Lykaion - Heavy Lullabies
Inverse Records
Gothic Metal/Rock
11 songs (47'28")
Release year: 2015
Lykaion, Inverse Records
Reviewed by Alex

This week somehow paired me up with both bands hailing from Italy. Pure coincidence. Unlike Furor Gallico Lykaion are playing gothic metal. Seeing how Finnish gothic metal/rock is among the world’s best, it is Finnish Inverse Records label which has given Heavy Lullabies a chance.

The opening instrumental, very much title fitting, provides for glimmering, shimmering icy look, until booming percussion elevates it to full life. A good way to intrigue the listener, and I admit I was. With the salvo that followed, however, I quickly realized that we are dealing here a lot more with Charon and To/Die/For, rather than iconic Sentenced or profound chameleonic Katatonia, so I had to retune my expectations. Songs like For Love, Out of My Heart and Anthem provide for chugging, not super intricate guitar riffs, with a quick picking lead (Anthem), upfront vocals, drums punched up in the mix, i.e. something with a good eye on sultry gothic rock in search of commercial airplay. Poisonblack may be another good analogy, but unfortunately Lykaion’s vocals don’t quite measure up to Ville Laihiala’s. Some brief (albeit I admit incomplete) research shows that guitarist Alessandro Sforza had to assume additional vocal duties after a few earlier vocalists left the band. From shouts (For Love) to croaks (I Don’t Love You Anymore) Alessandro is trying hard, almost too hard. For example, as just as Accept Yourself begins to tug at soul’s strings his gurgling shouts ruin the impression.

It is pretty certain that Lykaion often go for simpler meatier riffs and modern sounds (End of Time), but I certainly don’t want to imply that Heavy Lullabies do not have their standout moments. Waitin’ has interesting alternating syncopated riffs and atmospheric moments. Smile is a stretchy dragster, some sort of balladeering doom with a spaced out beat and spotlight on guitars. Accept Yourself, once you dismiss the vocals, lays out over the top tremolos. And final closure Till the End manages to get personal and much more rousing, while going slower and with the cleaner sound. Heavy Lullabies melodies were also much better the second and third time around. It is just from time to time you are not sure whether Lykaion will deal into the adult side of gothic rock (Waitin’, Till the End) or slip into some teenager gimmick, where I question the emotion of it all. To reinforce my point, just read some of the song’s titles (I Don’t Love You Anymore has to take the cake for a metal album).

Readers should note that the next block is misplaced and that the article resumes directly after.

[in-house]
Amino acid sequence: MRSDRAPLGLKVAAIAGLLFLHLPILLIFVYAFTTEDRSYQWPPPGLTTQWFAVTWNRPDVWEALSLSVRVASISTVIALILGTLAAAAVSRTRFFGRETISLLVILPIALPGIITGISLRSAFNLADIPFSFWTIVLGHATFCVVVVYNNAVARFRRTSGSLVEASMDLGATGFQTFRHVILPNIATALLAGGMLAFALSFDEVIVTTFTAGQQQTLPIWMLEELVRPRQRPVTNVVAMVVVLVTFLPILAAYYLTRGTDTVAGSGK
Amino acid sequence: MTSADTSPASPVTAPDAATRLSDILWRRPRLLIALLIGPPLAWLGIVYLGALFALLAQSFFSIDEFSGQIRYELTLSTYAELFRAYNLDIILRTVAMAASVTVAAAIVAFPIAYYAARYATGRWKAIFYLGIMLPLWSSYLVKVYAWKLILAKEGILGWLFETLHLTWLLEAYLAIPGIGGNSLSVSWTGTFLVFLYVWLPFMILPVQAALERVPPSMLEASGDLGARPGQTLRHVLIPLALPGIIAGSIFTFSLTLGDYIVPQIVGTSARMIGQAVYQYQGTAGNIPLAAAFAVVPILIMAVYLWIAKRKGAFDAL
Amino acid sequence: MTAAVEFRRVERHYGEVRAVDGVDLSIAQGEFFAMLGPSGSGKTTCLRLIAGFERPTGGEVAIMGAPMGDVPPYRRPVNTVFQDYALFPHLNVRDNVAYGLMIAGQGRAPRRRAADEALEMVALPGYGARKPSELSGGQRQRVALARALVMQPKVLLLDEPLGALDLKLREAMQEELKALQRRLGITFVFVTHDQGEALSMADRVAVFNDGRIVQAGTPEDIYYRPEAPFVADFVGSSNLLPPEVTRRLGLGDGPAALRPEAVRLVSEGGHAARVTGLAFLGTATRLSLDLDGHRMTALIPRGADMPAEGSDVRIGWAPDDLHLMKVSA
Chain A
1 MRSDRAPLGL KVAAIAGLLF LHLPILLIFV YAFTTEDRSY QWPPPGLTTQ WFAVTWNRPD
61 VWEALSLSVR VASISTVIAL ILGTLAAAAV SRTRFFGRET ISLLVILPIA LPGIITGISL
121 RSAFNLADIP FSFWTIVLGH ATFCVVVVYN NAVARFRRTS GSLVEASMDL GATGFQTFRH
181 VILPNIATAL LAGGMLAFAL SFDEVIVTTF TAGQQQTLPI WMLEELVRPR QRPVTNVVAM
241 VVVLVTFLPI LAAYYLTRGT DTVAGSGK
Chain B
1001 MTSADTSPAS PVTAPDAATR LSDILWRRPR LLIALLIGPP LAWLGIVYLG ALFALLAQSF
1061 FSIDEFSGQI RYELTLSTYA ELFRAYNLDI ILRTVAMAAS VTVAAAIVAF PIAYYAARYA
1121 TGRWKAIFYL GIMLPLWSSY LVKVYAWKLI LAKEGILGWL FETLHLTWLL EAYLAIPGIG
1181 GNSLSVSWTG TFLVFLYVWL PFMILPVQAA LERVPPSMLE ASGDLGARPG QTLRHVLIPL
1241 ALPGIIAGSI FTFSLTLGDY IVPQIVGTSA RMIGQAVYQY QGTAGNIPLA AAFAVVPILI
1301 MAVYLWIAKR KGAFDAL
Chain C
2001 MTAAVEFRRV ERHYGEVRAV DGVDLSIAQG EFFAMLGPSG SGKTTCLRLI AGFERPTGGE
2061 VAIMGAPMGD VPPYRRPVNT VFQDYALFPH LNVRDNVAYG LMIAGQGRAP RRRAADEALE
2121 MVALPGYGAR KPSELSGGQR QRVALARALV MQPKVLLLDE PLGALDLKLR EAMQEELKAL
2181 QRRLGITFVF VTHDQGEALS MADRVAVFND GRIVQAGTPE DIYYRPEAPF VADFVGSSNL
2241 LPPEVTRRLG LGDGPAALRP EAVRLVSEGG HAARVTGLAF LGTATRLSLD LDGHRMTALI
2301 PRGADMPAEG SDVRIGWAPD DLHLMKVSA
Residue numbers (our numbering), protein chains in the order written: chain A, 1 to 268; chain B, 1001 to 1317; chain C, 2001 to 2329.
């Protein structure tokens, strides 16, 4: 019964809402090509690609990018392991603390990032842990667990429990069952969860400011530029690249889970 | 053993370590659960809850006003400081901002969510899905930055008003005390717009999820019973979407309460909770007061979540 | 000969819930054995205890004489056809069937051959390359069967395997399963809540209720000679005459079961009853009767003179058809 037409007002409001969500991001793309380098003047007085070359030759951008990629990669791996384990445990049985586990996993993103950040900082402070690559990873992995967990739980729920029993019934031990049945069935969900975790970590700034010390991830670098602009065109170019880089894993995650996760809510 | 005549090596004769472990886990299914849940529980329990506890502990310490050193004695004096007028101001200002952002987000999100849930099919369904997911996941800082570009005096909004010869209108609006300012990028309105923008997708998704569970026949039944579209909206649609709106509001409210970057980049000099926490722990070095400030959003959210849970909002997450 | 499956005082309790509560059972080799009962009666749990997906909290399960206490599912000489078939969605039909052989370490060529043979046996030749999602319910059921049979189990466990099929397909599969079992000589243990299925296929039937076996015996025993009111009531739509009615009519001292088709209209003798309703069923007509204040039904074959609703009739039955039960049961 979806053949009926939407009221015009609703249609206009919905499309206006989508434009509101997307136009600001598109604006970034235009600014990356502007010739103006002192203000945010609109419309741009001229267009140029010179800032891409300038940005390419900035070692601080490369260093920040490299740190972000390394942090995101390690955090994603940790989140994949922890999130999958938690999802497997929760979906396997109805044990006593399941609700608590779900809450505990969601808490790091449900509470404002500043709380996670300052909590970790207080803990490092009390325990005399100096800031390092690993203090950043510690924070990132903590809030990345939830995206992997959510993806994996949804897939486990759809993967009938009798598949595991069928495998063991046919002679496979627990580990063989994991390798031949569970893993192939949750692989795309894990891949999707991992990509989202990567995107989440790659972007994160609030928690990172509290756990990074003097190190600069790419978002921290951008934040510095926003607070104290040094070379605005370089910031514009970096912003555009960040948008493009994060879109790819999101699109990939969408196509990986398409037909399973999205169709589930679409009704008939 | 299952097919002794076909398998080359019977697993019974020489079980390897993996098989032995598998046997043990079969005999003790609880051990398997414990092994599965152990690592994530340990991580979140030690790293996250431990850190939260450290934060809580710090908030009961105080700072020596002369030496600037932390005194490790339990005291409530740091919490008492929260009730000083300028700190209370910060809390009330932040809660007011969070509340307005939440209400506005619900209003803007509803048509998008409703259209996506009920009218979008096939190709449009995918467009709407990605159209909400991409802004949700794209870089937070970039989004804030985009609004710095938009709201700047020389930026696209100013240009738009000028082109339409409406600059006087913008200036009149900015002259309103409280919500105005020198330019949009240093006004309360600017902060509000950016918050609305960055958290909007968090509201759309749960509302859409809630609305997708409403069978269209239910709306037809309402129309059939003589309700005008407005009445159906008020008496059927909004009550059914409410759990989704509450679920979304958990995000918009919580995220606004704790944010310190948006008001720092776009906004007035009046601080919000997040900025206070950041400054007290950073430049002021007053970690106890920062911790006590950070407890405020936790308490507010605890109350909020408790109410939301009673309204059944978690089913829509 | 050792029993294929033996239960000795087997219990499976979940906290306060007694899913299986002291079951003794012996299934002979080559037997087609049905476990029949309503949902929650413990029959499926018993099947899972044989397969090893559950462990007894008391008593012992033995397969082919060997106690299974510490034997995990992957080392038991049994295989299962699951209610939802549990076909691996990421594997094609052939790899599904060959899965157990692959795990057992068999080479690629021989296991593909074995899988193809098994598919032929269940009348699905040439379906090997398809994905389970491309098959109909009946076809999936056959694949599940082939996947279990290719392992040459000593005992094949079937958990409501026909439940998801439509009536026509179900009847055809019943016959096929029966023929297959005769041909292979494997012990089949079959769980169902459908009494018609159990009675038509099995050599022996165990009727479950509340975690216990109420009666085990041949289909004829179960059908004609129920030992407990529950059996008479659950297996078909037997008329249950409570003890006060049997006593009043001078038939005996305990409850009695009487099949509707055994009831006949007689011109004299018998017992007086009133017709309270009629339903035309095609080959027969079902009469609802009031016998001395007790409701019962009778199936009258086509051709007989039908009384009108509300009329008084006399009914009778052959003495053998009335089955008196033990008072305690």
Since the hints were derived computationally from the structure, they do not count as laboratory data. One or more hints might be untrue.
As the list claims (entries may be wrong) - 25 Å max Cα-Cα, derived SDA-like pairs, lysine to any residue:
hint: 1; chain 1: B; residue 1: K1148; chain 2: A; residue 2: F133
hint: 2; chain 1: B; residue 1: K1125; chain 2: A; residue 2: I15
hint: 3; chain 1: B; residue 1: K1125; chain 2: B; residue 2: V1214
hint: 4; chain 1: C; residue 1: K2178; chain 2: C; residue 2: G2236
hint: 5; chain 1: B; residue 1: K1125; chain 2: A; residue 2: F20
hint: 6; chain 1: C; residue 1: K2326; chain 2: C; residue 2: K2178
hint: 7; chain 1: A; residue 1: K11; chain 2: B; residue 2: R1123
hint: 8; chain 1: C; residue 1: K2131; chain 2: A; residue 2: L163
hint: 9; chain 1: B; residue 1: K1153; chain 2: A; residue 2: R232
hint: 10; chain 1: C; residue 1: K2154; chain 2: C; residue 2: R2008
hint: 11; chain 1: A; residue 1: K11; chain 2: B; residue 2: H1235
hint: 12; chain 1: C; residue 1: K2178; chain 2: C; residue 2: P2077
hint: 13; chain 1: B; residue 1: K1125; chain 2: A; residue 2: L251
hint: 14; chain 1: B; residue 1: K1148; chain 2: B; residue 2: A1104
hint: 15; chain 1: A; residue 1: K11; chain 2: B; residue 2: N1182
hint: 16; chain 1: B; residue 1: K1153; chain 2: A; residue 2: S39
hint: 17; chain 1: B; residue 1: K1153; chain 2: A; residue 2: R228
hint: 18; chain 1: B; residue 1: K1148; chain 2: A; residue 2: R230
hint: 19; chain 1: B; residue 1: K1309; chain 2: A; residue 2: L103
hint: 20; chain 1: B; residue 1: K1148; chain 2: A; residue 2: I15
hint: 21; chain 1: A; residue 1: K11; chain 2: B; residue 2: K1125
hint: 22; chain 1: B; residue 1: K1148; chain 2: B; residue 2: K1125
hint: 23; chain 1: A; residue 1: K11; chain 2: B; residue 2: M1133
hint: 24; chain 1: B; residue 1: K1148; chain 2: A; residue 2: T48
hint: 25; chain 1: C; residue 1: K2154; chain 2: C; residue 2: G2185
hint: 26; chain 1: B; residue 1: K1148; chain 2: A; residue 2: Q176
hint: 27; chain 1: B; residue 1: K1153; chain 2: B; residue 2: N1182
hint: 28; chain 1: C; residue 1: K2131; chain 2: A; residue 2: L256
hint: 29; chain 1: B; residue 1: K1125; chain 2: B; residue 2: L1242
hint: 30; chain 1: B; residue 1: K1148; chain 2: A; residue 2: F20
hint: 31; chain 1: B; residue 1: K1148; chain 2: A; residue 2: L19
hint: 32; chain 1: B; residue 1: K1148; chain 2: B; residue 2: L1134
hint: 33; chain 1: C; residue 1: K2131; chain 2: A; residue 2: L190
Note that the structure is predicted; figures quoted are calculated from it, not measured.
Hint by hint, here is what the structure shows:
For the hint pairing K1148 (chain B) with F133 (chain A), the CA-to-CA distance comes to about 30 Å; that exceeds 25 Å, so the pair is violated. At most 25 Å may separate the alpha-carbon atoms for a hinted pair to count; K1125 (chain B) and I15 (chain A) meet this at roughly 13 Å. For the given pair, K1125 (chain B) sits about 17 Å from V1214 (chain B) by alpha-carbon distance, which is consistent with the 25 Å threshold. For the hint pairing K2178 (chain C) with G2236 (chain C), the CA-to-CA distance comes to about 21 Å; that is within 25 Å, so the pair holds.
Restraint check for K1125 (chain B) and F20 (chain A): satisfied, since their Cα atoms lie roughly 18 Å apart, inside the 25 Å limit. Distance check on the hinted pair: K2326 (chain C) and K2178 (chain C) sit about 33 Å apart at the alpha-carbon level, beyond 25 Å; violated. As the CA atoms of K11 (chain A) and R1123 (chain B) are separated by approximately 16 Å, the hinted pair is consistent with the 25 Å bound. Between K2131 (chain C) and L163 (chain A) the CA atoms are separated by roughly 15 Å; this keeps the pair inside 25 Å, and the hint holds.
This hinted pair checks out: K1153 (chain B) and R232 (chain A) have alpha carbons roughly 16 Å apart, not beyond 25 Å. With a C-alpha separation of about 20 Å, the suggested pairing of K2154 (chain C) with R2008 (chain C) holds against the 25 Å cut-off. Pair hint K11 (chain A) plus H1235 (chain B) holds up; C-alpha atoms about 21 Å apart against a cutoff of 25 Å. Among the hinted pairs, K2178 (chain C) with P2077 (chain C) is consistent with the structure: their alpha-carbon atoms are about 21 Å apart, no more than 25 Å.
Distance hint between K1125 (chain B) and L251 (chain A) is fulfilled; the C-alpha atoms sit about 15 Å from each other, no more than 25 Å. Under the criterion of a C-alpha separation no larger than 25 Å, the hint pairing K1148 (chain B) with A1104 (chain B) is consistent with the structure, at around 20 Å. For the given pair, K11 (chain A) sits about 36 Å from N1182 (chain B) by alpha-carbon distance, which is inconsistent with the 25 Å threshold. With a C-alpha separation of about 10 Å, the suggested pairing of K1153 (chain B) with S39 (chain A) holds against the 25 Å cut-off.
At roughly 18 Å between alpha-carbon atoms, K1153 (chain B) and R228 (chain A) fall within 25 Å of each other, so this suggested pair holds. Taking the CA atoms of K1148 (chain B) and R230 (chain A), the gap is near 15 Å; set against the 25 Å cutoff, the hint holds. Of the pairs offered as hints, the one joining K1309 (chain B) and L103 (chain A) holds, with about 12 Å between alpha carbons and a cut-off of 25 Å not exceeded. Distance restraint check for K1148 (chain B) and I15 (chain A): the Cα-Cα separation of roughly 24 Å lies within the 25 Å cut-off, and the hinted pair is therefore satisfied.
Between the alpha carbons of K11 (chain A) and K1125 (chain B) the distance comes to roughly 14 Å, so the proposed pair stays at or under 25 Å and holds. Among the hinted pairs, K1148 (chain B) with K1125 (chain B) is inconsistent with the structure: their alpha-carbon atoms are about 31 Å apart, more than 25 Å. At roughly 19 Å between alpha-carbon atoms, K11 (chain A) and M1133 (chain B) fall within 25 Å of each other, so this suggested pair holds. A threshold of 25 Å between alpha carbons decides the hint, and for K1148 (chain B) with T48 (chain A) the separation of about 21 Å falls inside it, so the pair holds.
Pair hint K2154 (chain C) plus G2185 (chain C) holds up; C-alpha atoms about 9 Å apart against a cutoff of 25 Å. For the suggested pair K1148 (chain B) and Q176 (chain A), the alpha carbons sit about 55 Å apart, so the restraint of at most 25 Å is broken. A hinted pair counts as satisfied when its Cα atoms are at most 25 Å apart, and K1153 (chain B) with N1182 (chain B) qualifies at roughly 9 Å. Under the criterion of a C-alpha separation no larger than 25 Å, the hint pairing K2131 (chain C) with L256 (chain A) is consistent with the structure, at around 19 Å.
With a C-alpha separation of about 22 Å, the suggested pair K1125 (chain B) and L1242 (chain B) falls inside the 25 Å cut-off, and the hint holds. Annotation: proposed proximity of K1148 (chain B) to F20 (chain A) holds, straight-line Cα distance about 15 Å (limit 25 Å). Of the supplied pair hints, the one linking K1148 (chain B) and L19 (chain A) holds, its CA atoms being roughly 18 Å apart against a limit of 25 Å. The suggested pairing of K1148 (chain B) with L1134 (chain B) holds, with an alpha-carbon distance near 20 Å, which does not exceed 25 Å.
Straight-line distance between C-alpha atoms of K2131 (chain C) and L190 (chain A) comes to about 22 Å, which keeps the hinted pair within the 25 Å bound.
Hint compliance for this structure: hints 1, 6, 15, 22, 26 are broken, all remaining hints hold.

Generally, I either really tend to like gothic rock, or give an album one spin to put it immediately away. To Lykaion’s credit they made me come back, but only to selected moments of their newest album. Those who tend to like gothic rock with a commercial inclination more than what I have described for myself should appreciate Heavy Lullabies to an even bigger extent.

Killing Songs :
Waitin', Accept Yourself, Till the End
Alex quoted 72 / 100
Other albums by Lykaion that we have reviewed:
Lykaion - Nothin' But Death reviewed by Andy and quoted 55 / 100
Lykaion - The Things I've Left reviewed by Marty and quoted no quote
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